by Diane C. McPhail
Q. Could you briefly introduce yourself?
A. My name is Dorothea Richards and I am not a main character, but I am in a position to observe and tell you lots of things you might not get from those two young women who are equal protagonists. My maturity and my experience of New Orleans puts me in a position of authority those two may or may not reach a few years hence. I am the Captain of Les Mysterieuses, the first all-female krewe of Mardi Gras. I am also quite active in the orphanage community, of which there are unfortunately many due to the raging Yellow Fever. Since my husband was an open-minded gentleman of some influence in the city, I have the advantage of both acquaintance among the reigning powers and familiarity with their workings and their weaknesses. I can also drive a car. In an out of the mules and horses and streetcars of this city. There is more that I could tell you, but I think this is enough. At least for now.
Q. What is your biggest dream?
A. My dream is for women’s equality, including the vote. But it will take us some time to achieve that. In the meantime, our best avenue, to my mind, is subterfuge that seems unalarming and fun—like this Mardi Gras Ball we are planning. Out of that, who knows what other avenues of progress can be made, one step at a time. We are likely to be involved in this struggle in one way or another for a very long time.
Q. What’s your favorite recipe in The Seamstress of New Orleans?
A. Now this one is easy! I adore this traditional Cajun dish, served as an hors d’oeuvres at the first planning luncheon where I first met Constance and began to persuade the young widow to take part in Les Mysterieuses’ all-female Mardi Gras krewe.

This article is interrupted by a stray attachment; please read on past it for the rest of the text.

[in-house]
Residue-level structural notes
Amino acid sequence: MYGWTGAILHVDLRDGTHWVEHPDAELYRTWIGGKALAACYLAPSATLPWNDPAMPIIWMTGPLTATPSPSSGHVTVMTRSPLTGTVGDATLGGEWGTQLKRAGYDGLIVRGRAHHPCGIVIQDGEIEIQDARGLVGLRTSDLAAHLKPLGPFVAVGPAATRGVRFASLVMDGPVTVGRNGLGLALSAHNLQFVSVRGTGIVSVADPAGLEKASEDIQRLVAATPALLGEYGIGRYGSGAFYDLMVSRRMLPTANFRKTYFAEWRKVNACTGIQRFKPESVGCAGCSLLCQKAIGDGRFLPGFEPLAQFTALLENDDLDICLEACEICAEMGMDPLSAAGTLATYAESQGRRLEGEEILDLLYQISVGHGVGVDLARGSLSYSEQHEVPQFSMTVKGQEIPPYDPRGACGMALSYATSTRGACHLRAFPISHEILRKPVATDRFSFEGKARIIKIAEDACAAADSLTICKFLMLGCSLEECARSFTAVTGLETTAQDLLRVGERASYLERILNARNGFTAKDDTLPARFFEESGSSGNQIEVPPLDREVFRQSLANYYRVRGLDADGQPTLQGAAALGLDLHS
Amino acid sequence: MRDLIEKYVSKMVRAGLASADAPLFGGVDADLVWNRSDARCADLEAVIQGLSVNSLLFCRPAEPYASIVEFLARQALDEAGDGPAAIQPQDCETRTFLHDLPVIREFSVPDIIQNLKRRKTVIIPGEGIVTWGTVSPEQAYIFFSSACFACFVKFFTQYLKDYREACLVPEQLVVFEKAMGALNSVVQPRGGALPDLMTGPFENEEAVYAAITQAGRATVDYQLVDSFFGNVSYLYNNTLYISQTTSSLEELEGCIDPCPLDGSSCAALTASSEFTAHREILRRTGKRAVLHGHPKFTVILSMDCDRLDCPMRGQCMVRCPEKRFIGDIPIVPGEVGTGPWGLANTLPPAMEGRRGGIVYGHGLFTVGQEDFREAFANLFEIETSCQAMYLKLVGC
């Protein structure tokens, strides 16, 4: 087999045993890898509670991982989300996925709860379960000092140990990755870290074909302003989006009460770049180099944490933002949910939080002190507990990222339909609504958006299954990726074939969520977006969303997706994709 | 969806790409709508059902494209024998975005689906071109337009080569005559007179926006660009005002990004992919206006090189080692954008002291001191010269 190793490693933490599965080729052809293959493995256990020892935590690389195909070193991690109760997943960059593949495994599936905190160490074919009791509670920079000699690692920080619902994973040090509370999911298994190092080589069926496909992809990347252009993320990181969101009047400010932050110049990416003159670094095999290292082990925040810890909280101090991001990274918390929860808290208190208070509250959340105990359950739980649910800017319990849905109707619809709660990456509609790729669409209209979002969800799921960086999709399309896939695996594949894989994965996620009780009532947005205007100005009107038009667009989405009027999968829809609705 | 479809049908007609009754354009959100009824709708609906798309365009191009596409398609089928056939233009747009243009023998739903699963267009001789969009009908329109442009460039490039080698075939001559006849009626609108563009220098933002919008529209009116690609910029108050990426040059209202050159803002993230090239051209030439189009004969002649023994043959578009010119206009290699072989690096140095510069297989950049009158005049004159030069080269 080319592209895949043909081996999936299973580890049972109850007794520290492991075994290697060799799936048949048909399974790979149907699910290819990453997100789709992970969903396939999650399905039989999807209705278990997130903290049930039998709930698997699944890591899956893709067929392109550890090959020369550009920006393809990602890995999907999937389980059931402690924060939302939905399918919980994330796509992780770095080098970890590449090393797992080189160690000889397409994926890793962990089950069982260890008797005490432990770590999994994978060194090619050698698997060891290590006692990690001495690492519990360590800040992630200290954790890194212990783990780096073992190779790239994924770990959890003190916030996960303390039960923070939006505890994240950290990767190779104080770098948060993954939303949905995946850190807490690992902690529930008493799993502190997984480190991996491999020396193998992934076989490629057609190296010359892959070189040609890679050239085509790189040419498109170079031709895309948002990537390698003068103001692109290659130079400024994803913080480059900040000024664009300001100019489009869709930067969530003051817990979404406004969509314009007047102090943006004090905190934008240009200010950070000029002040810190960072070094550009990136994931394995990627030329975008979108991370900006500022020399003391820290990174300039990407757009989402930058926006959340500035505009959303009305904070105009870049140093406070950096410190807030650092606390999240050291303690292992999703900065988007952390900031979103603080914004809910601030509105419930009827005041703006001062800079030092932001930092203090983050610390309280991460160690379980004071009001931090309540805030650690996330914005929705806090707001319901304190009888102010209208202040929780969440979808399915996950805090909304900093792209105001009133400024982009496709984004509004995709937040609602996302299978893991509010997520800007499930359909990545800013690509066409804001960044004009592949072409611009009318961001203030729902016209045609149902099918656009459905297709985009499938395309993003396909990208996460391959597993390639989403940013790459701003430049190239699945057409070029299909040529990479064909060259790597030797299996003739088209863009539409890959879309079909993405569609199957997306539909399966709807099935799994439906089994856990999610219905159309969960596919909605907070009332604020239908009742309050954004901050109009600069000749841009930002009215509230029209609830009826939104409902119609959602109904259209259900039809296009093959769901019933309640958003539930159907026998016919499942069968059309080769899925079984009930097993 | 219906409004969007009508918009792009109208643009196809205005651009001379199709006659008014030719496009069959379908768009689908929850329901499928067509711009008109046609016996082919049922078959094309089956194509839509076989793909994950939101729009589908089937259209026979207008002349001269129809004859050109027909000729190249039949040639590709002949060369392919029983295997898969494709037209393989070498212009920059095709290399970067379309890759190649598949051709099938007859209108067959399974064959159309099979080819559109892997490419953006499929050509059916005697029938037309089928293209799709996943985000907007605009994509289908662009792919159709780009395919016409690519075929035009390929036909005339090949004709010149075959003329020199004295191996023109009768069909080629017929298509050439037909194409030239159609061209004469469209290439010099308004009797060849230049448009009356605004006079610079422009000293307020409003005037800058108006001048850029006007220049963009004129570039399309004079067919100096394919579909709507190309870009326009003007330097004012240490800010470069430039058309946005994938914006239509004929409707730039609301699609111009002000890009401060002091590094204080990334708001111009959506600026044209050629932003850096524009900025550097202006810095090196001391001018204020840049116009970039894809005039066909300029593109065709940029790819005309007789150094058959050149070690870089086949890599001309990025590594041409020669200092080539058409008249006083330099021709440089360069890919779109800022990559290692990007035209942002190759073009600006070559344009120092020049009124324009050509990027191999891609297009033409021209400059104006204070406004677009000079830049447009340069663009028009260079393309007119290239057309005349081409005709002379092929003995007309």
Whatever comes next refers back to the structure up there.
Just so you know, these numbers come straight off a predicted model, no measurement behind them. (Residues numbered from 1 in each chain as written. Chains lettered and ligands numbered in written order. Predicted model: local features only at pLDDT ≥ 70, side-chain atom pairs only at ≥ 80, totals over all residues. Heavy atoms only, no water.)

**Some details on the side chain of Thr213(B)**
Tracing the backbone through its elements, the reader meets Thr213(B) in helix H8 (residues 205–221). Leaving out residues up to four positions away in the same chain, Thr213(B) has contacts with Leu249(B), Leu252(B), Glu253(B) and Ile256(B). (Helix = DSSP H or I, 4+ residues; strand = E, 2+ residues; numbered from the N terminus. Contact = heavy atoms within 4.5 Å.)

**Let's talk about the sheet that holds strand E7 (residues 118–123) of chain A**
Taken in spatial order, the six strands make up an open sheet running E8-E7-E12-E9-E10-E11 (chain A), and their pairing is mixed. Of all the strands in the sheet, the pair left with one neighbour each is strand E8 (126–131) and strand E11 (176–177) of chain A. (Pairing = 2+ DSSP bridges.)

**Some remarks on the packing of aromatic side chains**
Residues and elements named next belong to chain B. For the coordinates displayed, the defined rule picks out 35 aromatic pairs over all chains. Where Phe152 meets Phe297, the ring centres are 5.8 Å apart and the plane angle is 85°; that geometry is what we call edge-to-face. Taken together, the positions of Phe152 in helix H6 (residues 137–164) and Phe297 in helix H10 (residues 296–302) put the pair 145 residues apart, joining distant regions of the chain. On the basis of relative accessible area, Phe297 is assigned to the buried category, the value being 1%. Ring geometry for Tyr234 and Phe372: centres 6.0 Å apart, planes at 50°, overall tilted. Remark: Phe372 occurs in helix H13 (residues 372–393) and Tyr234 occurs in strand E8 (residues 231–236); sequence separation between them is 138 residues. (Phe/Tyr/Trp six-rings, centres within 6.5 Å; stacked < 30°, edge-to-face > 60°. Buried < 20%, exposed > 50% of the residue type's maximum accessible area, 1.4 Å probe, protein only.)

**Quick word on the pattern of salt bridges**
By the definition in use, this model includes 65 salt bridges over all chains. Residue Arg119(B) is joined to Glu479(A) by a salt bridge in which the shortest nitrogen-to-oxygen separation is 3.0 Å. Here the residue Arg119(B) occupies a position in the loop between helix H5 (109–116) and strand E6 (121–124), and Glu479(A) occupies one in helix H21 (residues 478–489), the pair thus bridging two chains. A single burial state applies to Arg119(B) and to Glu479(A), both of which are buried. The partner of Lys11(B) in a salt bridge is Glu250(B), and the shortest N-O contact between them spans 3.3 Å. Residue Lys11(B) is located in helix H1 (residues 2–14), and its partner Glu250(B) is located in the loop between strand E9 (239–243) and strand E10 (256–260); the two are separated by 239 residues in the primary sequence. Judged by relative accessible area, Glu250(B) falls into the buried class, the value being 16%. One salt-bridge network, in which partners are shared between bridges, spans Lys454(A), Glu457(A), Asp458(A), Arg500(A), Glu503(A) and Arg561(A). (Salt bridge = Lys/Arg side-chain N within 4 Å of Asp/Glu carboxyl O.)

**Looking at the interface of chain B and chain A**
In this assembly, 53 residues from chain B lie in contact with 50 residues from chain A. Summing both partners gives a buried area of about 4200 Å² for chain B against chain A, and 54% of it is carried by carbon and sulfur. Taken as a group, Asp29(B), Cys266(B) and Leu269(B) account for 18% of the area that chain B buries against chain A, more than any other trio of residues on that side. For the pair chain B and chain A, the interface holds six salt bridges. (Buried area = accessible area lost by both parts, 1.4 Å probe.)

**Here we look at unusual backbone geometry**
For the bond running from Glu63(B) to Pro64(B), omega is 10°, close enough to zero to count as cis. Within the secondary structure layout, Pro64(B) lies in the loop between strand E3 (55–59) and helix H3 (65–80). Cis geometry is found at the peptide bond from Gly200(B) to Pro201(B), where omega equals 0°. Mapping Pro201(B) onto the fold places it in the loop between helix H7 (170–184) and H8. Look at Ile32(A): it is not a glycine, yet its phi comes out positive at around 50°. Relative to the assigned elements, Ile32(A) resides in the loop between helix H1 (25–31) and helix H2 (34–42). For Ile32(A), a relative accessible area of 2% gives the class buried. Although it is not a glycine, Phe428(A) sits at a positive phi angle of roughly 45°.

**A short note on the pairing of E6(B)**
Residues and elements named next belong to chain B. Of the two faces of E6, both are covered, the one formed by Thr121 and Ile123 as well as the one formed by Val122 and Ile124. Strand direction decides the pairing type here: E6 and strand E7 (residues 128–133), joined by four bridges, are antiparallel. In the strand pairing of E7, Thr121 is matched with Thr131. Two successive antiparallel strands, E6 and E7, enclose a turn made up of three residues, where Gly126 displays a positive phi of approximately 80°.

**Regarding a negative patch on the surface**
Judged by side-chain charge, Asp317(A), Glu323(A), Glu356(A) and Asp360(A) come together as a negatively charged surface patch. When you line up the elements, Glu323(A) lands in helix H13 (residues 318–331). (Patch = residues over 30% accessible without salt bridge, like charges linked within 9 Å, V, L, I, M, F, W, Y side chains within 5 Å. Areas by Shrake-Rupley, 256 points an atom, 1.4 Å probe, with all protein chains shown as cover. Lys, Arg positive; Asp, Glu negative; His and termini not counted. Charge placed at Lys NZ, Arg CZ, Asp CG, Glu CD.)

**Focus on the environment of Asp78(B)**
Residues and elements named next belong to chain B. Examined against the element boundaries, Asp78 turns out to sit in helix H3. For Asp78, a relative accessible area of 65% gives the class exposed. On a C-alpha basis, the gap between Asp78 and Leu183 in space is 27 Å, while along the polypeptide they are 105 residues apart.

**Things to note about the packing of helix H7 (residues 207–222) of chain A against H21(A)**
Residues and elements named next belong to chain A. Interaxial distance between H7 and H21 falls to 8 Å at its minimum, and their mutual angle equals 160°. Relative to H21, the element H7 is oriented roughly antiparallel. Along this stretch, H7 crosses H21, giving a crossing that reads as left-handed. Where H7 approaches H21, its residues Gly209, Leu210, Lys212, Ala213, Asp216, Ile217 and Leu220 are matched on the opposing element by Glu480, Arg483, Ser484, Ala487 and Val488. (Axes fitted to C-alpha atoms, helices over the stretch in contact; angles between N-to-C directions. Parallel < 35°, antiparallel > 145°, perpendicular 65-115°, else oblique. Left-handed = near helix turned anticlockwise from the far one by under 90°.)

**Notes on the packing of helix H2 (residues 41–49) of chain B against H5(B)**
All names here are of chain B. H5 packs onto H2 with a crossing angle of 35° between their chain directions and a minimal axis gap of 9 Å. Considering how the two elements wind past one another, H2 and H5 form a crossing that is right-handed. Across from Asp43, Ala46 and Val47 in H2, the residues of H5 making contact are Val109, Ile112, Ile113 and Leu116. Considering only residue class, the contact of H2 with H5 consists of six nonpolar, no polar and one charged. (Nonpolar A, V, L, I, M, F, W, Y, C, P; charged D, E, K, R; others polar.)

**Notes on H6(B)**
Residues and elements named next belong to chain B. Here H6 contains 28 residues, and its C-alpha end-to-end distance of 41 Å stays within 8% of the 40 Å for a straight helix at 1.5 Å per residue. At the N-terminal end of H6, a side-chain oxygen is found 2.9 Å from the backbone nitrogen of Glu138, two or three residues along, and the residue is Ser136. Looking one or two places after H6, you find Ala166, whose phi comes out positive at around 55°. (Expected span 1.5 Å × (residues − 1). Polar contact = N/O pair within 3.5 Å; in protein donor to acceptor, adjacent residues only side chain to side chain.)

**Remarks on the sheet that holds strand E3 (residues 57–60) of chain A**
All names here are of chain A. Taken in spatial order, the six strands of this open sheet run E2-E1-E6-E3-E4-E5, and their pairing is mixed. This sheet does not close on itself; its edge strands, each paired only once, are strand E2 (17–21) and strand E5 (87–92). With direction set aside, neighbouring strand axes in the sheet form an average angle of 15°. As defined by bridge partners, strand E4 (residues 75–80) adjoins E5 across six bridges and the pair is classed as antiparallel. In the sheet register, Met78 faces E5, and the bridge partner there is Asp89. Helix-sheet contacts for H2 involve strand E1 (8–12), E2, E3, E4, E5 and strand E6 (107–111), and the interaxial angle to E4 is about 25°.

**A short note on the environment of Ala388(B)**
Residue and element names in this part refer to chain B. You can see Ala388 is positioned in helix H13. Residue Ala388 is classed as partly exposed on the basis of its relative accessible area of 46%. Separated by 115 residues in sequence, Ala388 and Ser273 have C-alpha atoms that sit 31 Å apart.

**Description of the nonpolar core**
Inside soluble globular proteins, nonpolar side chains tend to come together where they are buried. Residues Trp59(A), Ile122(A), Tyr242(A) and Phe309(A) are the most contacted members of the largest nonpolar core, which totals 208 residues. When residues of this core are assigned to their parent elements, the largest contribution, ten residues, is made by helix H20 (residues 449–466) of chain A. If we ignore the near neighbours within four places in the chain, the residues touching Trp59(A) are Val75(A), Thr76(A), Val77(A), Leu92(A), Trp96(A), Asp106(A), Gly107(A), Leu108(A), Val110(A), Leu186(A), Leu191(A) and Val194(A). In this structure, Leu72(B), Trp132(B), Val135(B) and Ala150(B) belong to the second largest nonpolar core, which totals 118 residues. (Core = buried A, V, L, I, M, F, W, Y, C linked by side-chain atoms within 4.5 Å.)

Boudin Stuffed Mushrooms (credit to MAMACANILICKTHESPOON)
Q. Name three things that inspire you.
A. Ah, you make it so simple: Women, Courage, and Hope.
Against the backdrop of the first all-female Mardi Gras krewe in turn-of-the-century New Orleans, Diane McPhail’s mesmerizing historical novel tells of two strangers separated by background but bound by an unexpected secret—and of the strength and courage women draw from and inspire in each other.
“An undercurrent of New Orleans’s dark side propels the story, heightening the tension and supplying McPhail with a wealth of evocative details.” – Publishers Weekly
The year 1900 ushers in a new century and the promise of social change, and women rise together toward equality. Yet rules and restrictions remain, especially for women like Alice Butterworth, whose husband has abruptly disappeared. Desperate to make a living for herself and the child she carries, Alice leaves the bitter cold of Chicago far behind, offering sewing lessons at a New Orleans orphanage.
Constance Halstead, a young widow reeling with shock under the threat of her late husband’s gambling debts, has thrown herself into charitable work. Meeting Alice at the orphanage, she offers lodging in exchange for Alice’s help creating a gown for the Leap Year ball of Les Mysterieuses, the first all‑female krewe of Mardi Gras. During Leap Years, women have the rare opportunity to take control in their interactions with men, and upend social convention. Piece by piece, the breathtaking gown takes shape, becoming a symbol of strength for both women, reflecting their progress toward greater independence.
But Constance carries a burden that makes it impossible to feel truly free. Her husband, Benton, whose death remains a dangerous mystery, was deep in debt to the Black Hand, the vicious gangsters who controled New Orleans’ notorious Storyville district. Benton’s death has not satisfied them. And as the Mardi Gras festivities reach their fruition, a secret emerges that will cement the bond between Alice and Constance even as it threatens the lives they’re building . . .